Waxhaw discusses new town hall, police station

WAXHAW – After seeing the small town’s growth over the last 10 years, leaders in Waxhaw want to make the infrastructure improvements needed to prepare for the projected 50,000 residents they could see in the next 20 to 25 years.

To do that, town council has focused their sights on capital projects and development through Waxhaw.

Waxhaw town officials met Wednesday, Feb. 6, to hear presentations concerning costs and plans for a potential new town hall and police station – the town hall coming next year and the police facility the year after.

Town Manager Mike McLaurin and Commissioner Sean Poccia walked council members through current town expenses and explained how the addition of these facilities would factor into Waxhaw’s expenses over the next five years.  In the fiscal year 2012, Waxhaw had a total revenue of about $7.5 million and department operational expenses of about $5.3 million.

The current budget under discussion focuses on a town hall costing around $8 million and a police facility around $6 million – capital projects the town is looking at in line with the Downtown Master Plan recently approved by commissioners and the Capital Improvement Plan, which has not been finalized.

The addition of a town hall and police station would increase Waxhaw’s current expenses anywhere from $570,000 to $2 million, in addition to current expenses, over the next five years varying from year to year, according to the presentation from McLaurin.

Before moving ahead with any development, Mayor Daune Gardner wants to create a more formalized public forum to make sure the town hall, police facility and any other projects are exactly what residents want and need for the future, especially with the projected growth.

“I don’t think it would be a bad idea at all for us to have a public process where we engage the public in understanding what kind of public goods we want as a community,” she said,  “… understanding we are on the track of becoming a community of 50,000-plus in 20 to 25 years and supporting a much broader landscape.”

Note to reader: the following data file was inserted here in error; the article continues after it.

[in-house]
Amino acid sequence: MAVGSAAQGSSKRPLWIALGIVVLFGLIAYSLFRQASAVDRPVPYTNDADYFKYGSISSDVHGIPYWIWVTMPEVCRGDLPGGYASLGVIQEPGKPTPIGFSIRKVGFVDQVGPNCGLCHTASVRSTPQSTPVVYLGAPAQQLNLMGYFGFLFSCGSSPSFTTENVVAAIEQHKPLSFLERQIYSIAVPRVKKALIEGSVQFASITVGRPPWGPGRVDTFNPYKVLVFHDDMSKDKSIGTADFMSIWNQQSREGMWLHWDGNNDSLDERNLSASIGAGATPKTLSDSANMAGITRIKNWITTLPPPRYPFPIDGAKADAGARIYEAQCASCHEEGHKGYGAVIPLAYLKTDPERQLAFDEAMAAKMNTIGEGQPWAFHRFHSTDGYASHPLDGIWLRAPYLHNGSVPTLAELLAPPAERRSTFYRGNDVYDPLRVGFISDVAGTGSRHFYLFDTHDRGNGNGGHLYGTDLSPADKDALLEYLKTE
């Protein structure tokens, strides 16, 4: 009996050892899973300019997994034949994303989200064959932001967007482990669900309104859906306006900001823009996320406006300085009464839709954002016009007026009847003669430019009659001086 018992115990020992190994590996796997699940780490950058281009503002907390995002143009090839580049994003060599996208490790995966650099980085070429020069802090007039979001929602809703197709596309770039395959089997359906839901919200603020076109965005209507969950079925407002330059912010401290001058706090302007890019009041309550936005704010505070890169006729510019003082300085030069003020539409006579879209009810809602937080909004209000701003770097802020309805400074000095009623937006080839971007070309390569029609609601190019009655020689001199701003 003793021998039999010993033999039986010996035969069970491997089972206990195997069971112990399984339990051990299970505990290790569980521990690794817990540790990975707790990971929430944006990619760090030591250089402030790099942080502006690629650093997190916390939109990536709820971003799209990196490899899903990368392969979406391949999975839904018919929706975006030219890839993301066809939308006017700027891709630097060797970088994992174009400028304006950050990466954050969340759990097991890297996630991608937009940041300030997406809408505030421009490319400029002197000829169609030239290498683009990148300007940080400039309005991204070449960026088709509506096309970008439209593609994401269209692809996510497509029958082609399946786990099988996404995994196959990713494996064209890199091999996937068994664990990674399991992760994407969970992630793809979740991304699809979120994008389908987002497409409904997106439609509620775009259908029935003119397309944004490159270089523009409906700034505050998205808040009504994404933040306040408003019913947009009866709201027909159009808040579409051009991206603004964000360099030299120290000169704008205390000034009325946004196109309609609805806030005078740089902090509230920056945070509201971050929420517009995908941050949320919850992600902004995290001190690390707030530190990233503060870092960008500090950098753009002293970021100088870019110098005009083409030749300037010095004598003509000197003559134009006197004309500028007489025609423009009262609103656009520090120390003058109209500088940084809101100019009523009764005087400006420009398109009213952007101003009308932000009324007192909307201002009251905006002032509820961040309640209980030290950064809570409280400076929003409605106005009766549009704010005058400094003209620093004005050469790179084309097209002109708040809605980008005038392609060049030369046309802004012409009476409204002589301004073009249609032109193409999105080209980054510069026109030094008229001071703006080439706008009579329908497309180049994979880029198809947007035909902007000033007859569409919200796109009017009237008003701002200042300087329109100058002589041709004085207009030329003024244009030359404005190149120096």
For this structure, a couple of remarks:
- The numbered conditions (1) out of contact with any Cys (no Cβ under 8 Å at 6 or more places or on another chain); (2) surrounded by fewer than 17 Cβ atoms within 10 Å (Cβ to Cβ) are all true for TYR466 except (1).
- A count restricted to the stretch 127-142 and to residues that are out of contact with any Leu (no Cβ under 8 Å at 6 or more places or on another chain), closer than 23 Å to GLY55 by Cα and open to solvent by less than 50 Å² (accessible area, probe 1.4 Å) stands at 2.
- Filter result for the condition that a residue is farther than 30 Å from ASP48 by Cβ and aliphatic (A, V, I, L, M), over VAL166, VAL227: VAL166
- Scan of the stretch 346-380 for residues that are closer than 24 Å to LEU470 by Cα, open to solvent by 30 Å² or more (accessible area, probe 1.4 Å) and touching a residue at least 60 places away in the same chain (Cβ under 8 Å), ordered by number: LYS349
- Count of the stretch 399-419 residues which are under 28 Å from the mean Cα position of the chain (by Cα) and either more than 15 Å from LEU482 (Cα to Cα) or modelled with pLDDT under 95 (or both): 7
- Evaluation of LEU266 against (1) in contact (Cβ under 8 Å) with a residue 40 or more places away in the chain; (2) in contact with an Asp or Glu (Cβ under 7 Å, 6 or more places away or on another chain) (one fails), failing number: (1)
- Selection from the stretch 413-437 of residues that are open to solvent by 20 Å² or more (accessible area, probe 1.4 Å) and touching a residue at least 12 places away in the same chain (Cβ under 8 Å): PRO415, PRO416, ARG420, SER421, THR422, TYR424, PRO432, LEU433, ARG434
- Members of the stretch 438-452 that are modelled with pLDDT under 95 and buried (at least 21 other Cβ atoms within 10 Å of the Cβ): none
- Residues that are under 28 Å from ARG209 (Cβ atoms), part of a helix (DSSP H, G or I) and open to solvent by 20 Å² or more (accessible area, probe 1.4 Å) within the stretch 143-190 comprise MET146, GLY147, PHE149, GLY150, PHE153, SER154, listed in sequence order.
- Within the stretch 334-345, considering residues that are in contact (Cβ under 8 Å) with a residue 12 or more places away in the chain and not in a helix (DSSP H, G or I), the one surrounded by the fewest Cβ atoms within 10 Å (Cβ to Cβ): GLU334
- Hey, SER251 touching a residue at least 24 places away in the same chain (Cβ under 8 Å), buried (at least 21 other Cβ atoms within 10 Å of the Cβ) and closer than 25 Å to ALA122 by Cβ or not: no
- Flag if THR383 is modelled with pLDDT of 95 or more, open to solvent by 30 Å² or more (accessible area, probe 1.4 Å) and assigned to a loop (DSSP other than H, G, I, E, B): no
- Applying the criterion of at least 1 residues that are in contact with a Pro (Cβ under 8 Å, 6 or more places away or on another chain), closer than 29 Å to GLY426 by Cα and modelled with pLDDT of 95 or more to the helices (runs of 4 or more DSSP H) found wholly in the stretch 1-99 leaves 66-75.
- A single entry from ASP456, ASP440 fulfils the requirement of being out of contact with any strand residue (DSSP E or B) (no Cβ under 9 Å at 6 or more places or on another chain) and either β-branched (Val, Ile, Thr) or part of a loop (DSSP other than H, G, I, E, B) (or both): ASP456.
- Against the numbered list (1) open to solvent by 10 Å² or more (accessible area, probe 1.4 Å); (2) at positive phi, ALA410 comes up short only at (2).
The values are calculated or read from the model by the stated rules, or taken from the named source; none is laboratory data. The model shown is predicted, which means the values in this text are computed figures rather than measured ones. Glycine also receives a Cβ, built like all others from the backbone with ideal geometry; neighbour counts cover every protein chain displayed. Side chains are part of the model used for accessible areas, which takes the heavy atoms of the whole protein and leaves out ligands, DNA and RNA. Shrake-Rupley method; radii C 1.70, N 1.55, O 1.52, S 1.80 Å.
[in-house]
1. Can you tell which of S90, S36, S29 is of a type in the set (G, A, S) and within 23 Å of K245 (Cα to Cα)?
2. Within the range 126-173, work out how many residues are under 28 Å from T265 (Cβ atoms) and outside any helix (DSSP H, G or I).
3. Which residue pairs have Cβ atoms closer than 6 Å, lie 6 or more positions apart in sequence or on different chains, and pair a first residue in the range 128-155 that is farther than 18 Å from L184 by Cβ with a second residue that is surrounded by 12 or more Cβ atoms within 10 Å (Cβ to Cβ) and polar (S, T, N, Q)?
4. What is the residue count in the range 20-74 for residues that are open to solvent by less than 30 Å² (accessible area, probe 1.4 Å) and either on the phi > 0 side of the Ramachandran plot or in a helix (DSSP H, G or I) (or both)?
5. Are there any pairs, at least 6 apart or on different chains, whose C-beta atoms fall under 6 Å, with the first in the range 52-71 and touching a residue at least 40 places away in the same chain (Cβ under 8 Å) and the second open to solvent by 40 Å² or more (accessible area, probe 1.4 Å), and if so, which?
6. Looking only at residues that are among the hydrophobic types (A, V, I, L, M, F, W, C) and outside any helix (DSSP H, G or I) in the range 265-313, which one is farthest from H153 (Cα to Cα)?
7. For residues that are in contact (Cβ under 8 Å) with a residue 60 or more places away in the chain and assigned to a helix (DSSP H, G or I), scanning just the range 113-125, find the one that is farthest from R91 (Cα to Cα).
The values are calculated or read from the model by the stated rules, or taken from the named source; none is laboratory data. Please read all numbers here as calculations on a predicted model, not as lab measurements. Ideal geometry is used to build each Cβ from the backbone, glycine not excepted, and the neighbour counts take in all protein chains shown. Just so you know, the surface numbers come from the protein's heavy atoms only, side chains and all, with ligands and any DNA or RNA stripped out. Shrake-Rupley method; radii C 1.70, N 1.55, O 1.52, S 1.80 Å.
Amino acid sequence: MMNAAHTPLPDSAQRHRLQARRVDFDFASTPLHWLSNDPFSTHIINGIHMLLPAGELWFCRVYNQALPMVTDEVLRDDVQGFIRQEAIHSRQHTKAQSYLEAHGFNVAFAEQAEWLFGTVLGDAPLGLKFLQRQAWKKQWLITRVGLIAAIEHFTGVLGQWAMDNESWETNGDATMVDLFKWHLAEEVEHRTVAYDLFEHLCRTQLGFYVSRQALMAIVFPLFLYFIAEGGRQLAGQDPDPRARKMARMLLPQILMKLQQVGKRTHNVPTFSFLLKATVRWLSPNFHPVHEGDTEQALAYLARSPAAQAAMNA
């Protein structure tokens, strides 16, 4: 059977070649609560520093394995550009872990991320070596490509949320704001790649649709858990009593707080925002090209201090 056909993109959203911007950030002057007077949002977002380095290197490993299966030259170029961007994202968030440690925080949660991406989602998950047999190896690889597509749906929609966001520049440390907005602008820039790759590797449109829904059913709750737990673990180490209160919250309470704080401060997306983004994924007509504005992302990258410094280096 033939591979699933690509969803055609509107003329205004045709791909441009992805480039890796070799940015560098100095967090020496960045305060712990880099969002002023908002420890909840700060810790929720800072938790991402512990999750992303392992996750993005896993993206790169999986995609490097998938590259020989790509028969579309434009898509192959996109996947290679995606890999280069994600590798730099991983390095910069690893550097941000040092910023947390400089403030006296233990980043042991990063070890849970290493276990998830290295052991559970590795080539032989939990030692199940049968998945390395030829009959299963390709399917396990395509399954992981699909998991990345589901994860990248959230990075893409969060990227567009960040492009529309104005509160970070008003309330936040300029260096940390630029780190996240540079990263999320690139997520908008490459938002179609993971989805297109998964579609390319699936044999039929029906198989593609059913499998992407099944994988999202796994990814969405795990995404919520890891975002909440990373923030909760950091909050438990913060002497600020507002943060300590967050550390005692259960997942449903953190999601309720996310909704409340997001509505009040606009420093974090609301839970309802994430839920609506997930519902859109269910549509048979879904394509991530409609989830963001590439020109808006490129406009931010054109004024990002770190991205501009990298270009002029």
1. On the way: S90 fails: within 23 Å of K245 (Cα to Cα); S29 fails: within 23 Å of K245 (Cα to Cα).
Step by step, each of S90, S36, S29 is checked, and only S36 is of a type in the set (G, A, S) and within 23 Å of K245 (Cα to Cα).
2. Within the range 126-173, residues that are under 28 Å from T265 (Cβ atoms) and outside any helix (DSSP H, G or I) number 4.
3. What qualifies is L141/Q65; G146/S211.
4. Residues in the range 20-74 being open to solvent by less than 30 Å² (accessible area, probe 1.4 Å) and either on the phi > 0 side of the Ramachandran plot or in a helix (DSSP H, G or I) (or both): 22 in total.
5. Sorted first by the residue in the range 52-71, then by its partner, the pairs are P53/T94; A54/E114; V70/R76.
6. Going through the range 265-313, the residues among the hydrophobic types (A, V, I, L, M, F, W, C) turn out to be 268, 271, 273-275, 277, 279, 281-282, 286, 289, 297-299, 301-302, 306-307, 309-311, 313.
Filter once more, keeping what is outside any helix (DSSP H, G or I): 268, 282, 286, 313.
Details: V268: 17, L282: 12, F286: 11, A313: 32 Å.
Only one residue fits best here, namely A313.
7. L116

Town commissioners may vote at their next meeting – Tuesday, Feb. 12, at 6:30 p.m. – whether to move forward with the town hall project after discussing the current status of the project and possible design and space needs.  During the meeting, residents can voice concerns about the project.

Before moving forward with future development, Mayor Pro Tem Erin Kirkpatrick would like the commissioners to look at a town with about 50,000 residents, like Huntersville, and how the town handles development and budgeting to help Waxhaw leaders see how others in their situation plan.

According to estimates from a presentation giving during the meeting, the town hall will cost $7,159,063, not including the $350,000 for the land or operating cost after construction is complete.

If commissioners decide to move forward with the project, the town will receive a $8 million loan from BB&T with a low rate, paying back around $500,000 to $700,000 per year depending on their decided payment plan.

For the police station, the town has projected a total cost of $5,627,188 excluding the land purchase and operating costs.  The town would receive a $6 million loan for this project from BB&T.

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